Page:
What do you write?
It's a question that writers get asked because it's a way of connecting with our art; with our ability. It's a way to pigeon-hole what we do and get a sense of who we're like, helping others to understand what we put on the page. It's a way of picturing what we do as an output.
Over the years I've found that people's engagement with that question - outside of the infuriatingly common 'I'm going to write a book one day' - depends on my answer. If I answer by genre, the conversation is short. "You write contemporary? Great! <cue silence>" That's also taking into consideration that I don't really have a clear genre. My novels are set in contemporary society, but with an edge of magical realism. They're kind-of contemporary, and kind-of speculative, but not fully either. That shows in the award nominations I've received in the past two years in the USA - they're across a range of categories.
I've also answered that question by the style of my work. I did that for a while - saying that I wrote short(ish) novels. Or I write modern-day parables, which are essentially what The Baggage Handler, The Camera Never Lies and Where the Road Bends are.
But how do you get people interested in what you write, particularly if you're a Christian writer with a message to share? I've now changed how I answer that question, and it's based on a deeper question than 'why do you write?' That question I delve into is WHY I write.
So now when people ask what I write, I respond with something a bit deeper: "I write stories that help people look a little deeper into life." Or "I write stories that ask questions about the reader's life." That's opened up a whole new way of talking about my novels, and it also gets to the heart of what I consider my ministry as a Christian writer. Now a conversation will go:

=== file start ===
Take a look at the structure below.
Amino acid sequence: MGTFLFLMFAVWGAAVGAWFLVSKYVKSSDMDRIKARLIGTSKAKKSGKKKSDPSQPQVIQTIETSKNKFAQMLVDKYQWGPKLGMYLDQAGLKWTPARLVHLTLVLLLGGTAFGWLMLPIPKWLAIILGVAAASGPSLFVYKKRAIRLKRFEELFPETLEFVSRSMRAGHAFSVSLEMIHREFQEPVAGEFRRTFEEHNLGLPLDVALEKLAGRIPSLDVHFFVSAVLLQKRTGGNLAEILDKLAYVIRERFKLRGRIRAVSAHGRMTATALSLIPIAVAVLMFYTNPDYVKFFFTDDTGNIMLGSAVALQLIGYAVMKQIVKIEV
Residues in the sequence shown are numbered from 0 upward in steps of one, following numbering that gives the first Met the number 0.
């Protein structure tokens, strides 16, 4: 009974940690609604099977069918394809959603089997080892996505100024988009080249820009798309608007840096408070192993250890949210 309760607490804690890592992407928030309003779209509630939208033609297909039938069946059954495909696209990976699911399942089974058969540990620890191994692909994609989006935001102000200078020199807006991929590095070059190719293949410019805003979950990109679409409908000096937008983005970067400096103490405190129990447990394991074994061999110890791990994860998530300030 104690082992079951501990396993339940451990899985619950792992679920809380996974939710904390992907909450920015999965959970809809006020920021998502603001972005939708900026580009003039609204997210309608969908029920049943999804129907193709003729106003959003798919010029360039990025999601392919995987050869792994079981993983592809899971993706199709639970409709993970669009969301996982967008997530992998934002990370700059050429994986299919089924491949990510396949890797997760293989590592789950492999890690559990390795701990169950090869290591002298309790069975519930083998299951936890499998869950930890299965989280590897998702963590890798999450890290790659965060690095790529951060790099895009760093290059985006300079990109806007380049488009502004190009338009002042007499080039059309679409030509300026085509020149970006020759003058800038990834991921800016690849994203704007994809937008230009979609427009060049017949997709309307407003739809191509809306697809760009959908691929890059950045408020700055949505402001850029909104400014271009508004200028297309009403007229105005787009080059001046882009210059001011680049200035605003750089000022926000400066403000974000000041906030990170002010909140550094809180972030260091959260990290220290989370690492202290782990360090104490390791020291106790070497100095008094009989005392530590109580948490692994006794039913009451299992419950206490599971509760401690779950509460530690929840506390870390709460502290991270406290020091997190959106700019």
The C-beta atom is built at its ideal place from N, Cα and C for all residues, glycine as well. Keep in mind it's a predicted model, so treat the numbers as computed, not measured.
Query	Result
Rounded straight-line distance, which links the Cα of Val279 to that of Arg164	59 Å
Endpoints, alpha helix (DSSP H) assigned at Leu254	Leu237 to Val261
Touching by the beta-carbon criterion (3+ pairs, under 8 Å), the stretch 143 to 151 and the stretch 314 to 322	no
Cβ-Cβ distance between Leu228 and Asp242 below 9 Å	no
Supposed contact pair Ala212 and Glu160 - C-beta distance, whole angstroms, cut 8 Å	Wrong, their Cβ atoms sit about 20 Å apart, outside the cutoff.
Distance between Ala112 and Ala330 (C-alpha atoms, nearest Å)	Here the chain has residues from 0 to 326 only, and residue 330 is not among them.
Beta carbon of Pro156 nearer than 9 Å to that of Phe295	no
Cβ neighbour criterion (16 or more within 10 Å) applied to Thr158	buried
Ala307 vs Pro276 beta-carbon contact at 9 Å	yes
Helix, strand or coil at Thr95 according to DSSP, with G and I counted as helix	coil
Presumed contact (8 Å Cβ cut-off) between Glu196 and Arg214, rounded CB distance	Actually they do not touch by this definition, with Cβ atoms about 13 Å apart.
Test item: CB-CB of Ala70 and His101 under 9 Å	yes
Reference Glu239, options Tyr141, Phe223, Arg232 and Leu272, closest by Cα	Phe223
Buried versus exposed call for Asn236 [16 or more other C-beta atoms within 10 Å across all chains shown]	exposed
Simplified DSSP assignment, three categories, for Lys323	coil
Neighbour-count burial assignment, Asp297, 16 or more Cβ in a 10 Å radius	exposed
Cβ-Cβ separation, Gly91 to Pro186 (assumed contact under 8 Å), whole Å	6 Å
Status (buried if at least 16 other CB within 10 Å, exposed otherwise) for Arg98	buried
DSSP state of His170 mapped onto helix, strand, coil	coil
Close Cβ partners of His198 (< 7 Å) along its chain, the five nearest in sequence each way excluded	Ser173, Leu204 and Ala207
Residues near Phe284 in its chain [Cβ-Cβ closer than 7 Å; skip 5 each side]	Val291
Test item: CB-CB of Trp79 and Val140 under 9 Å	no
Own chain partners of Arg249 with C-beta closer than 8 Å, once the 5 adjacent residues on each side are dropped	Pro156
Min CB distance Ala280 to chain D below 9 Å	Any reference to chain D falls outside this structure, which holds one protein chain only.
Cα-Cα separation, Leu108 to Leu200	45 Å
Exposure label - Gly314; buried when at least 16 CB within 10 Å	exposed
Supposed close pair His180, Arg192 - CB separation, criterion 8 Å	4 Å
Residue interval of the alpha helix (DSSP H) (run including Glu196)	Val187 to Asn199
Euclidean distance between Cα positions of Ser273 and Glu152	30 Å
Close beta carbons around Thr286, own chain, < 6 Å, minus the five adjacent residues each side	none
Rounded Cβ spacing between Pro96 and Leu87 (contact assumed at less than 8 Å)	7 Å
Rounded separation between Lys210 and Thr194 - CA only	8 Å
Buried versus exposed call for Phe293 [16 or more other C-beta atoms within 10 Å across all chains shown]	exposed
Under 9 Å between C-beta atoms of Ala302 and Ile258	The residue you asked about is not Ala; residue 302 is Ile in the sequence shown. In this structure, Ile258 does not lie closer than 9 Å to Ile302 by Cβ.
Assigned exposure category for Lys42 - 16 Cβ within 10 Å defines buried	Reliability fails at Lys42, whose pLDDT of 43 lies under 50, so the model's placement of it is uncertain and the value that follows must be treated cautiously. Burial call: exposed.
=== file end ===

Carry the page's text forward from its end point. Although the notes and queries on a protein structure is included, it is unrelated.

"What do you write, David?"
"I write stories that help people look a little deeper into life."
"Oh ... what do you mean by that?"
"Well, The Baggage Handler is about three people forced to face the baggage they didn't know they were carrying ..."
And then a conversation breaks out about dealing with ... stuff. The person on the other end of the conversation almost always talks about the baggage a friend of theirs is carrying ... and we're having a deep conversation. It's a way to introduce the values I write about without being pigeon-holed - especially by those who don't respect Christian fiction. (And in my experience that is more common from those inside the church, which I find sad).
So how do you answer that question of what you write? What answer could you give that opens up all sorts of conversations about the work that you bring to the world?
About David Rawlings
David Rawlings is an award-winning author based in South Australia. His first novel, The Baggage Handler, published by HarperCollins Christian Publishing, was named best debut Christian novel of 2019 in the Christy Awards. He writes modern-day parables that combine the everyday with a sense of the speculative, addressing the fundamental questions we all face. His third novel - Where the Road Bends - is now out.
You can find David at: